4. Unfortunately, the new reality looks very similar to the old reality. The root causes of the crisis remain largely unaddressed. Significant portions of global financial markets remain unregulated. Indeed, not long after being bailed out by governments, financial markets are again dictating government policy. A new reality should include a reregulation of international finance to limit purely speculative activity and facilitate its only reasonable function: the intermediation of real economic activity.
5. Governments have returned to the pre-crisis focus on international â€œcompetitivenessâ€ against other countries. Economic policymakers, especially those at international institutions, should recognize that not all countries can grow by running trade surpluses simultaneously. Competitiveness in export markets is a zero-sum game. The priority should be to expand the world economy by bolstering demand in all countries.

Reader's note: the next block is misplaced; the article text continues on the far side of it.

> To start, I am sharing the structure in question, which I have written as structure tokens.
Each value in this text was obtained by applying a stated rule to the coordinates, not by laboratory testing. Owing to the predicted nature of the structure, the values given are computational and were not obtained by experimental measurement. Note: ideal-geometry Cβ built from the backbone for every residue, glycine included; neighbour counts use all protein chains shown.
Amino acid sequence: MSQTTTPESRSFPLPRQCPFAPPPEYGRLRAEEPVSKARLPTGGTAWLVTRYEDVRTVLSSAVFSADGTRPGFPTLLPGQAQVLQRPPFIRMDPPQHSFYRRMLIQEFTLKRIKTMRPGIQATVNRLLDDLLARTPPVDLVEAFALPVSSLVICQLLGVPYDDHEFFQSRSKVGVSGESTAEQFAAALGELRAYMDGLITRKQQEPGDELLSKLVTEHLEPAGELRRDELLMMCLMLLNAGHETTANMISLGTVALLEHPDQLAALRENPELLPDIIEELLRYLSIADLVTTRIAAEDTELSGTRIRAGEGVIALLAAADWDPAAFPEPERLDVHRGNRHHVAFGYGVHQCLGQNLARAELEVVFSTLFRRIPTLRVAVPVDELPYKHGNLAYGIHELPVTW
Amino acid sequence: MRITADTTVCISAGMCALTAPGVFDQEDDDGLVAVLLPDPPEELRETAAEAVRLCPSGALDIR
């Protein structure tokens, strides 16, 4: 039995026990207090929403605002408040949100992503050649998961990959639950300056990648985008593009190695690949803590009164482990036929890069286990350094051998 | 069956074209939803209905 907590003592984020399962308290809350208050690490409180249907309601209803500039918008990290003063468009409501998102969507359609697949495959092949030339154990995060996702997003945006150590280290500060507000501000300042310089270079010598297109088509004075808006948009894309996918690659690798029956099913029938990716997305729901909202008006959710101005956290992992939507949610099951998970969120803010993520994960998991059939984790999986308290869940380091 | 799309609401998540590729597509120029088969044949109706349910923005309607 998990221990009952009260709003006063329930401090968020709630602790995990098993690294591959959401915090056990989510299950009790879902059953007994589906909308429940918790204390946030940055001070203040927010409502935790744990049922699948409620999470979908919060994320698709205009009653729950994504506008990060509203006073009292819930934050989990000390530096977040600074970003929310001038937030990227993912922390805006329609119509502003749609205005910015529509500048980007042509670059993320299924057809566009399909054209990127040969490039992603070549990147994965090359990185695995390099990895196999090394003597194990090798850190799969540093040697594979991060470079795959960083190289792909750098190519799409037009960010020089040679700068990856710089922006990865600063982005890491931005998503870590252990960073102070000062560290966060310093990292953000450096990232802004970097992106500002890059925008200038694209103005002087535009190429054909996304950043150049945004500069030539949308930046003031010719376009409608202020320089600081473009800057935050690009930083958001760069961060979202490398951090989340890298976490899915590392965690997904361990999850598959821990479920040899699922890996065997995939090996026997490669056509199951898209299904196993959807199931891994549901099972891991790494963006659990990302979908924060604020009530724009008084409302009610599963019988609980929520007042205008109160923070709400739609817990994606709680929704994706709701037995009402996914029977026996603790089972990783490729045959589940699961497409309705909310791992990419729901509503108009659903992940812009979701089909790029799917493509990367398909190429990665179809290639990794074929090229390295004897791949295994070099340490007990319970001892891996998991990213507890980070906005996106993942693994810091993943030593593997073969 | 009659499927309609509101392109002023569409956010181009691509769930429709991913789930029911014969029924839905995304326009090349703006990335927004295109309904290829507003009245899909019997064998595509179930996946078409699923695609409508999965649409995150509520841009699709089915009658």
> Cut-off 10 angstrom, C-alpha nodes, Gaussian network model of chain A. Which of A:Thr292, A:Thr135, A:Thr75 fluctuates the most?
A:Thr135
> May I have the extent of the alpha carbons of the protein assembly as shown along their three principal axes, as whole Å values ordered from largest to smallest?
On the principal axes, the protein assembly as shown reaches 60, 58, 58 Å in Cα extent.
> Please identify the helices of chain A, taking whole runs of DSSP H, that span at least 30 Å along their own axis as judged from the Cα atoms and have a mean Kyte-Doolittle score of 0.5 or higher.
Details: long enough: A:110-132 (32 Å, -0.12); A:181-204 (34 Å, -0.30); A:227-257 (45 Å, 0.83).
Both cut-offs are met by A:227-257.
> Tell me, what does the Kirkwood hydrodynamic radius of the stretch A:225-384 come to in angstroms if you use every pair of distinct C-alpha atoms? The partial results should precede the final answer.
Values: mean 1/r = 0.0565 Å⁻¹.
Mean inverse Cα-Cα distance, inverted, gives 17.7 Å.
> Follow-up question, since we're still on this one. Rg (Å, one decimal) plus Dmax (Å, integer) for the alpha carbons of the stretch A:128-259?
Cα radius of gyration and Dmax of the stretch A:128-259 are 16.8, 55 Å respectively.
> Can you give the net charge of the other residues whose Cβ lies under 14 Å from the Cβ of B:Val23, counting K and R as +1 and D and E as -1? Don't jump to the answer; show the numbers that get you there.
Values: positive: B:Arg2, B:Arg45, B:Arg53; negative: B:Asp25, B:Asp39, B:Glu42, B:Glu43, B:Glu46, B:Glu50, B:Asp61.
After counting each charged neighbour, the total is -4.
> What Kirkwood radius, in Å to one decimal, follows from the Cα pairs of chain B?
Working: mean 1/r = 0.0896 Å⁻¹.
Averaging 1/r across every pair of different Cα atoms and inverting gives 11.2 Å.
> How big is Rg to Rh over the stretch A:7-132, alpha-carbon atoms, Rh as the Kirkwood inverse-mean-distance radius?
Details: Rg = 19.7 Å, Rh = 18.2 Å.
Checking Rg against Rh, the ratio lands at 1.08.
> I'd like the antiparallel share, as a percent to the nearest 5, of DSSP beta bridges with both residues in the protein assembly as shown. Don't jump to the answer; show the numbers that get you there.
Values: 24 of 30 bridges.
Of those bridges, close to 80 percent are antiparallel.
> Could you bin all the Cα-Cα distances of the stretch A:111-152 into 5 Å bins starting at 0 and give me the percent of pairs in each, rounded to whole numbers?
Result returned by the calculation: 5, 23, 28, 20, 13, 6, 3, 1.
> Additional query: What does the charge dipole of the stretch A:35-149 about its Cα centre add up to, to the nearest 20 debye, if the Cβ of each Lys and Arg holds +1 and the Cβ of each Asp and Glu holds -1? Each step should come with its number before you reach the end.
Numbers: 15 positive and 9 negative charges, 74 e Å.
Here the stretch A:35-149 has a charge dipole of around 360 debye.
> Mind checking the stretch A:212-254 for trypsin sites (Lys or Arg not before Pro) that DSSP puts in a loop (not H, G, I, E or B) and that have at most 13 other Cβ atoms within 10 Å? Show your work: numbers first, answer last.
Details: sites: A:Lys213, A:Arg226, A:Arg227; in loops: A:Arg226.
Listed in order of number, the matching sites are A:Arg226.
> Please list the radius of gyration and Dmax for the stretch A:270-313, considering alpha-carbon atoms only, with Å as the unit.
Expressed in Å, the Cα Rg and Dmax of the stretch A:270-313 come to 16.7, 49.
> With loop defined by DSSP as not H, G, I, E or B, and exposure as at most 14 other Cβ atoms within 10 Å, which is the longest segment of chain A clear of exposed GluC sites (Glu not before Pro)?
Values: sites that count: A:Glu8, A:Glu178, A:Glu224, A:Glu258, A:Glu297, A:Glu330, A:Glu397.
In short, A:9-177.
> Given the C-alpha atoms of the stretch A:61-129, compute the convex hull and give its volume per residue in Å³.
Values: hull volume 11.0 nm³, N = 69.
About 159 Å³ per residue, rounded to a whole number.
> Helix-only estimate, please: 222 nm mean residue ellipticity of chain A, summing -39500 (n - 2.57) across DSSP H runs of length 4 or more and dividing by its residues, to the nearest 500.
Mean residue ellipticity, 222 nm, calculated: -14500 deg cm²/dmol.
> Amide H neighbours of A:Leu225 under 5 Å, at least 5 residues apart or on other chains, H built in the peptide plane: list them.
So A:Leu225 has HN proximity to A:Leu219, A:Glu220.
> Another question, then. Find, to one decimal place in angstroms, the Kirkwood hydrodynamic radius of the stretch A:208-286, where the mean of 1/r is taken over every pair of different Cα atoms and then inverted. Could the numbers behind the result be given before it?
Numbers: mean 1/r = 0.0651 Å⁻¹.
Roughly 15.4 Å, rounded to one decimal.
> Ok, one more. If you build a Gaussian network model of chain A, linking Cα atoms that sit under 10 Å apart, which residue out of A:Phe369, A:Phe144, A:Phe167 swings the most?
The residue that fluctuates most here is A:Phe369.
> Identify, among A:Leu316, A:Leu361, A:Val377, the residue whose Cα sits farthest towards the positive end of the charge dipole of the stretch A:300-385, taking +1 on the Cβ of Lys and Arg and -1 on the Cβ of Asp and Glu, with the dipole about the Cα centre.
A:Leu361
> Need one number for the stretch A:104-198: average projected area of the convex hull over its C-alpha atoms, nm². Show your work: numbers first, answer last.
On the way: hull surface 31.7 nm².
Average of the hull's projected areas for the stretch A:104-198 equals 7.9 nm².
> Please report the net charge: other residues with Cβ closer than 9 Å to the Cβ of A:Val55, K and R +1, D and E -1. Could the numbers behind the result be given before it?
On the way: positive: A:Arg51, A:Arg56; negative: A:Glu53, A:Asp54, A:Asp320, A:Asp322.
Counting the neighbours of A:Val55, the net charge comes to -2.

6. Another way in which the world economy has gone â€œback to the futureâ€ is the recent surge in food prices. Taking account of exchange rates and general inflation, food prices are still below their 2008 peaks in most developing countries. But if current trends continue, higher food prices could significantly worsen global poverty. Climate change threatens to aggravate this problem by disrupting agricultural production.
7. Several responses are needed to the looming food crisis. Regulators should limit financial speculation in commodity markets, which has contributed to food-price volatility. Policies to reduce greenhouse-gas emissions and limit climate change are urgently needed. Governments should redistribute income so that all people can afford to eat, even given somewhat higher prices.
WEF Sub-Theme 2: The Economic Outlook and Defining Policies for Inclusive Growth